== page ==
In most countries, the use of topical nasal decongestants is limited to a maximum of 10 days because of the risk of developing rebound mucosal swelling and rhinitis medicamentosa.
To determine whether topical nasal decongestants can be safely used for 10 days in patients with chronic inflammation of the nasal mucosa.
Double-blind, randomized, controlled, parallel study.
Thirty-five patients with vasomotor rhinitis selected from our outpatient department.
Eighteen patients received oxymetazoline hydrochloride (0.5 mg/mL) nasal spray containing the preservative benzalkonium chloride (0.1 mg/mL), and the other 17 were treated with oxymetazoline nasal spray without benzalkonium chloride. Before and after the treatment, recordings of the nasal mucosa and minimal cross-sectional area were made with rhinostereometry and acoustic rhinometry, followed by histamine hydrochloride challenge tests. Symptoms of nasal stuffiness were estimated on visual analog scales (0-100) in the morning and the evening, just before the nasal spray was used.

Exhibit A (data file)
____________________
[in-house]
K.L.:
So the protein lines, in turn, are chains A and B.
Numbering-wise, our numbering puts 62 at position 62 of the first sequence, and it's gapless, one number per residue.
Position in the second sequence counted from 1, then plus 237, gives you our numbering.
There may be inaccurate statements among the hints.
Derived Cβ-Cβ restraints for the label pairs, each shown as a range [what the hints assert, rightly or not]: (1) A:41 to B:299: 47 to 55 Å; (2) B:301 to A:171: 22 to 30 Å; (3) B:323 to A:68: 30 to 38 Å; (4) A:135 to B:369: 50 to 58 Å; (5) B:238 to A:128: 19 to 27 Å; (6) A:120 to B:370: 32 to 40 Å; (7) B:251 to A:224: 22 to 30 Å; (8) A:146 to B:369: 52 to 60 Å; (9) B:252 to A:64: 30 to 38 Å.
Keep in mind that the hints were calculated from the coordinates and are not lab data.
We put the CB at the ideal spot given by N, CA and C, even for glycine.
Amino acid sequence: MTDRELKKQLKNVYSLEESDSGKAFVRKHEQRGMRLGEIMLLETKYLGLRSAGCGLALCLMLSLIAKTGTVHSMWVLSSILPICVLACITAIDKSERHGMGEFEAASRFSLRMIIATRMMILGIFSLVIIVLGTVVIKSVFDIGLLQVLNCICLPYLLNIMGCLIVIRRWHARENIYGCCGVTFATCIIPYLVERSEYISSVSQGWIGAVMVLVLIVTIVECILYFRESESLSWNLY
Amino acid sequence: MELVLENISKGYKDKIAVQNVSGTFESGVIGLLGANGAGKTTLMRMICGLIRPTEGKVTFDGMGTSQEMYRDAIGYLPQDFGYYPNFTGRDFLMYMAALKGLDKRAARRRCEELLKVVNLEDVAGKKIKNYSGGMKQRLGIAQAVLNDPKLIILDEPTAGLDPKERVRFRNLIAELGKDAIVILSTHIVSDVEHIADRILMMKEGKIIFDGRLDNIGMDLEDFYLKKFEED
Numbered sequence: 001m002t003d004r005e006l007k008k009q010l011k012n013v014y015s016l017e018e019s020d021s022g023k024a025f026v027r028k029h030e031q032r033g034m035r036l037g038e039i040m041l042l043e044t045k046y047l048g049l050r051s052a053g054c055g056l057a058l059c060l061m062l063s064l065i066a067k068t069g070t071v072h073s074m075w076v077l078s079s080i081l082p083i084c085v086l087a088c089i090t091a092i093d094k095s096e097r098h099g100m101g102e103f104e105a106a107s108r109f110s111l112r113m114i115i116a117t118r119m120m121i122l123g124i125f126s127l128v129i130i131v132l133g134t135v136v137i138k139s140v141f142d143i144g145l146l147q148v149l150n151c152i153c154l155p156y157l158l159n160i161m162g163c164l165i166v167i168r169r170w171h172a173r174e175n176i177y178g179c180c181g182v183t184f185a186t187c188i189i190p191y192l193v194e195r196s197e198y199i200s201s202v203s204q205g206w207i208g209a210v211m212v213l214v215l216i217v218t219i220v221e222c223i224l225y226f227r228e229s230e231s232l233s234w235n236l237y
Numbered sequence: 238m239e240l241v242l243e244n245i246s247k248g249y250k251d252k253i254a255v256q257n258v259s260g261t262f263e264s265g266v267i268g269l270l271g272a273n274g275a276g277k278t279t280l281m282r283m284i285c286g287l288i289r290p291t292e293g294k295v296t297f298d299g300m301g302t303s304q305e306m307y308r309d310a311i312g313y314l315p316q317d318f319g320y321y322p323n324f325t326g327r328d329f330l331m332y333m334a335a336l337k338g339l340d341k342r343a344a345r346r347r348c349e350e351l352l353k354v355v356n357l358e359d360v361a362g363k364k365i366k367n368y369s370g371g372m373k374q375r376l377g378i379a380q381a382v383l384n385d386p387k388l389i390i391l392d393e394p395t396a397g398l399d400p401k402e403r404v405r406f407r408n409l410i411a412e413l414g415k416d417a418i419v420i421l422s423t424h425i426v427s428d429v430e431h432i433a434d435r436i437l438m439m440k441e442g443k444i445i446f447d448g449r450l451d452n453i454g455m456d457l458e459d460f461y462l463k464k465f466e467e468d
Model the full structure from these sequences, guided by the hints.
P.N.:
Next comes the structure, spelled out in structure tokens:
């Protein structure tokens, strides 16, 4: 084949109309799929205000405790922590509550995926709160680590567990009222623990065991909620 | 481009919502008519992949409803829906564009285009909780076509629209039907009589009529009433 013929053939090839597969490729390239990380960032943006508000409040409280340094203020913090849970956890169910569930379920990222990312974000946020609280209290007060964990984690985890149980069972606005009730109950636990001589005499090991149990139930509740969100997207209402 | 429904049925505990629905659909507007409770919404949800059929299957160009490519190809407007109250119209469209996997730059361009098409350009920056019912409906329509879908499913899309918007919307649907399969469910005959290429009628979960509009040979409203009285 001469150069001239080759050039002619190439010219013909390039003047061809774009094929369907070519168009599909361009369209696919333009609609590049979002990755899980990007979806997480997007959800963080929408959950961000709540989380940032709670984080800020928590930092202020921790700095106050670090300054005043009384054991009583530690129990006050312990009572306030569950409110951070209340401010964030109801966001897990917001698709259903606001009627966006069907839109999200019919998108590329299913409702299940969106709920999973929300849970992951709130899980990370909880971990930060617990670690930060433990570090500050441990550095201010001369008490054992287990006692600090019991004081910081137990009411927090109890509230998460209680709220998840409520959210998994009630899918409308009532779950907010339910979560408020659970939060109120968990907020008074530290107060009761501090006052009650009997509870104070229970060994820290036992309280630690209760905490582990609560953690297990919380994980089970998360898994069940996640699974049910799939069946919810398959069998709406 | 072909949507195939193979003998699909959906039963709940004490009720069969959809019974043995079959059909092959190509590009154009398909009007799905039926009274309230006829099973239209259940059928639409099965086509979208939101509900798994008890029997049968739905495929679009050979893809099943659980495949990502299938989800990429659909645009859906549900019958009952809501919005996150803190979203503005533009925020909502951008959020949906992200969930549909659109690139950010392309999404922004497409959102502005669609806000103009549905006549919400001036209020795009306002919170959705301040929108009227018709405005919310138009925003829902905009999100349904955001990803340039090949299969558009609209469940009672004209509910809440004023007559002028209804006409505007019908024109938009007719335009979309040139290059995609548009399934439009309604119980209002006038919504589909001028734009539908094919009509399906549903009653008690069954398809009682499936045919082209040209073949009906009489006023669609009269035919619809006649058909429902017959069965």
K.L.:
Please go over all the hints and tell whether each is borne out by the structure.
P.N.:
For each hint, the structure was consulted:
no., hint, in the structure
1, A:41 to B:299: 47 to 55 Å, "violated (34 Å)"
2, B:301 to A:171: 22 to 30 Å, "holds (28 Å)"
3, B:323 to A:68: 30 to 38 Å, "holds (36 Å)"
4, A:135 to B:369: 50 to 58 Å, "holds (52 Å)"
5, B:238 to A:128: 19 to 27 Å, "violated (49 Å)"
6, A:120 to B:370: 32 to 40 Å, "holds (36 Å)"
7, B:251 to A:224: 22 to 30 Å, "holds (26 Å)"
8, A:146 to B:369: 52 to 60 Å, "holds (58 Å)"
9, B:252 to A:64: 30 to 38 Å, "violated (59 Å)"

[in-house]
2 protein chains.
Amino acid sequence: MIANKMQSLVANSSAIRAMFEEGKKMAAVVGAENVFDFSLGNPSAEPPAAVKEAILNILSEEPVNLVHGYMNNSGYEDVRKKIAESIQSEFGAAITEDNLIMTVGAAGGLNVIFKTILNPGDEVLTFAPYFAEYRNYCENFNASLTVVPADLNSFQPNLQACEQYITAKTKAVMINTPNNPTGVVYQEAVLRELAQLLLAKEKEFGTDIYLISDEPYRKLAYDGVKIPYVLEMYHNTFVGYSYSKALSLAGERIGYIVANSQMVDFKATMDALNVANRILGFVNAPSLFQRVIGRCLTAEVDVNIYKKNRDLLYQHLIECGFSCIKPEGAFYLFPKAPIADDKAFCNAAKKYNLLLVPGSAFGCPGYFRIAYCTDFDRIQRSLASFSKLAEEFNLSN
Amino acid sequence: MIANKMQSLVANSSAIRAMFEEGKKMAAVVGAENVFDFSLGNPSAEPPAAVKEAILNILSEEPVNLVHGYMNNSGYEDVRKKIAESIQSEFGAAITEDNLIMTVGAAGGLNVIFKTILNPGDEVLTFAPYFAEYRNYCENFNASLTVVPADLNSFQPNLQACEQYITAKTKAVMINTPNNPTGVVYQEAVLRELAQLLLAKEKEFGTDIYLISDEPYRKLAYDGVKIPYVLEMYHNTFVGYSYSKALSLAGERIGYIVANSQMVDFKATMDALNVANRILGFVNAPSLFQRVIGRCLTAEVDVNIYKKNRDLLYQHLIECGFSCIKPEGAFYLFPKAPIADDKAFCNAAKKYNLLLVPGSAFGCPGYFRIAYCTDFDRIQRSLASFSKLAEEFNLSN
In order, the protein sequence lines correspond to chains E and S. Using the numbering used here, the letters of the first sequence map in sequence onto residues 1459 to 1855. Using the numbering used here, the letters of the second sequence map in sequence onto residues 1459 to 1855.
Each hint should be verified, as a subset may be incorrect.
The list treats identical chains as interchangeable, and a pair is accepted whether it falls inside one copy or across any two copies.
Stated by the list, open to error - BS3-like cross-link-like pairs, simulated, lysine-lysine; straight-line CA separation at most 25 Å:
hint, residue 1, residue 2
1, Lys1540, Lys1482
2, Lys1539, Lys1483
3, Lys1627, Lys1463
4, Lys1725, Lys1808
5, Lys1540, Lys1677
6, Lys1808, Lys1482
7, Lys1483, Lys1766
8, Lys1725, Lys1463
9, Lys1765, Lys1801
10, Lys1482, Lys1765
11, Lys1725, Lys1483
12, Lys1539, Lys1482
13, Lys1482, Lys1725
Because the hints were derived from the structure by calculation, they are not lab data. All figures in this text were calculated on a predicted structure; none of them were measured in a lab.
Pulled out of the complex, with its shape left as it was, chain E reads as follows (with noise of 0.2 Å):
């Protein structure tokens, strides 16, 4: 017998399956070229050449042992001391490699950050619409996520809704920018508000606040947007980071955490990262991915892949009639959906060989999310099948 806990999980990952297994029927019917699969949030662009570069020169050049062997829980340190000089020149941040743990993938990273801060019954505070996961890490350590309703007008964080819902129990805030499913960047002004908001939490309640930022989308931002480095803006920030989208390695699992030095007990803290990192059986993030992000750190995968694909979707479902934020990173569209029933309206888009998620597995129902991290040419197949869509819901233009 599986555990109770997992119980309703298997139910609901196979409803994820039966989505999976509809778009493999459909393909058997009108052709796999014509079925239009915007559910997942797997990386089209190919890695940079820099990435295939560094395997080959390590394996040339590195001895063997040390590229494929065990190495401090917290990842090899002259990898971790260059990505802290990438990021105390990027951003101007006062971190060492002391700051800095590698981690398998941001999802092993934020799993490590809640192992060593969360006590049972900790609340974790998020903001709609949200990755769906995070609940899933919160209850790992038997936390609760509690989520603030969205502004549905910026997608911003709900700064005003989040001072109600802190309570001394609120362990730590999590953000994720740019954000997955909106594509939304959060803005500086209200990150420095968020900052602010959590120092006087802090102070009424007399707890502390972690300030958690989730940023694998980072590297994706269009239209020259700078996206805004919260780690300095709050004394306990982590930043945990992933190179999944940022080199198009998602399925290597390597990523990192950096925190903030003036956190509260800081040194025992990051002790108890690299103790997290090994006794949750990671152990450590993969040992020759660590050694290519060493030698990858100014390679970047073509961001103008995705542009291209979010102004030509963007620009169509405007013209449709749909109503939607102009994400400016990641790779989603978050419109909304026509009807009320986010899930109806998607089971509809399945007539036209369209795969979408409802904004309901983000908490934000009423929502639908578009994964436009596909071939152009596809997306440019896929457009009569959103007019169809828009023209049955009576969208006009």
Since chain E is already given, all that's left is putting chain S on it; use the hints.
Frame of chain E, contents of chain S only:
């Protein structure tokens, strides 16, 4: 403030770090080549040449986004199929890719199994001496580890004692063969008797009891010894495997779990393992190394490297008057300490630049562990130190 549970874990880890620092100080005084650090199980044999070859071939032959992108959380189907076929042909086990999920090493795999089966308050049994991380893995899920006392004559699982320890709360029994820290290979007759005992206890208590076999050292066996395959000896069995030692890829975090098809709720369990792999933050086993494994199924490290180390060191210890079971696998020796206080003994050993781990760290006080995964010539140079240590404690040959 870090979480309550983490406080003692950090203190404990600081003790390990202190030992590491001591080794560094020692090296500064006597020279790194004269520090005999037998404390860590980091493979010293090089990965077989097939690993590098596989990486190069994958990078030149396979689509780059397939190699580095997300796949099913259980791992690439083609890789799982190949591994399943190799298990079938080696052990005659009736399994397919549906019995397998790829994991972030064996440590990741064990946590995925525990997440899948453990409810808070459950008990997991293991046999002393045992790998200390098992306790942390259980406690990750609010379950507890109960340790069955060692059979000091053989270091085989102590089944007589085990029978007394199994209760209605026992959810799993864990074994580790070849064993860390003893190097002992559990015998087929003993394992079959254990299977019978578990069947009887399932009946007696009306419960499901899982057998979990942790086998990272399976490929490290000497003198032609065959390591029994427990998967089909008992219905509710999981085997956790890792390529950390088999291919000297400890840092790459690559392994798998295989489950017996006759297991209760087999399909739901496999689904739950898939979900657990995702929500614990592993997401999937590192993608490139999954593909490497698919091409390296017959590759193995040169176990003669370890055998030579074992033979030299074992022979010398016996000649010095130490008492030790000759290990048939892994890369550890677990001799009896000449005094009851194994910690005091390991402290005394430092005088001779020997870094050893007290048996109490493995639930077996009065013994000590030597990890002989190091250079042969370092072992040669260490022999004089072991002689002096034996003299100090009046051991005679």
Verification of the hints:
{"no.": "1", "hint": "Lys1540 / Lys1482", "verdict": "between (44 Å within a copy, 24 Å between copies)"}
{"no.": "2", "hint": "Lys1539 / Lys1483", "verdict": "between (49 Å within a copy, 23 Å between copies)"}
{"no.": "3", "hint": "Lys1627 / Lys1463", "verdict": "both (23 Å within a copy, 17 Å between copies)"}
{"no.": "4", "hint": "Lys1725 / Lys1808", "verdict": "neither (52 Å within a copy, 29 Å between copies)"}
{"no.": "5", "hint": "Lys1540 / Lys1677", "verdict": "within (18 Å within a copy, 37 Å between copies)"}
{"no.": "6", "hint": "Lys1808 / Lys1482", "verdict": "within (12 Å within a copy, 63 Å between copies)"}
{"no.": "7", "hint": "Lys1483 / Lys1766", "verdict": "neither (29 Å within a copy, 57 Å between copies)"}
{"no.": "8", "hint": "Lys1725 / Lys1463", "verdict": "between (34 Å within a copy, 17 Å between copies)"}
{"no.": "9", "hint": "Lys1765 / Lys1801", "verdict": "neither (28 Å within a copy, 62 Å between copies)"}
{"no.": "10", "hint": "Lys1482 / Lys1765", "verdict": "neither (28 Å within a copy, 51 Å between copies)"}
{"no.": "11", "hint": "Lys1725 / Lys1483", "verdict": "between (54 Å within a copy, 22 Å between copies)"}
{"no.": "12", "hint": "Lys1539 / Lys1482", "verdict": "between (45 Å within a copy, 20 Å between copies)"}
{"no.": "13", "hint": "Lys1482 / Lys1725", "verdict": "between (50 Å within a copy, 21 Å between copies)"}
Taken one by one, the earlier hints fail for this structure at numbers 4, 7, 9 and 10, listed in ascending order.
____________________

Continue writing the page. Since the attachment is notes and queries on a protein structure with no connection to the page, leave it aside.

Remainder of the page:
No rebound swelling was found after the 10-day treatment in the 2 groups with either of the methods or as estimated by symptom scores. In the group receiving oxymetazoline containing benzalkonium chloride, but not in the other group, the histamine sensitivity was significantly reduced after treatment (P<.001).
It is safe to use topical nasal oxymetazoline with or without benzalkonium chloride for 10 days in patients with vasomotor rhinitis. However, this study indicates that benzalkonium chloride in nasal decongestant sprays affects the nasal mucosa also after short-term use.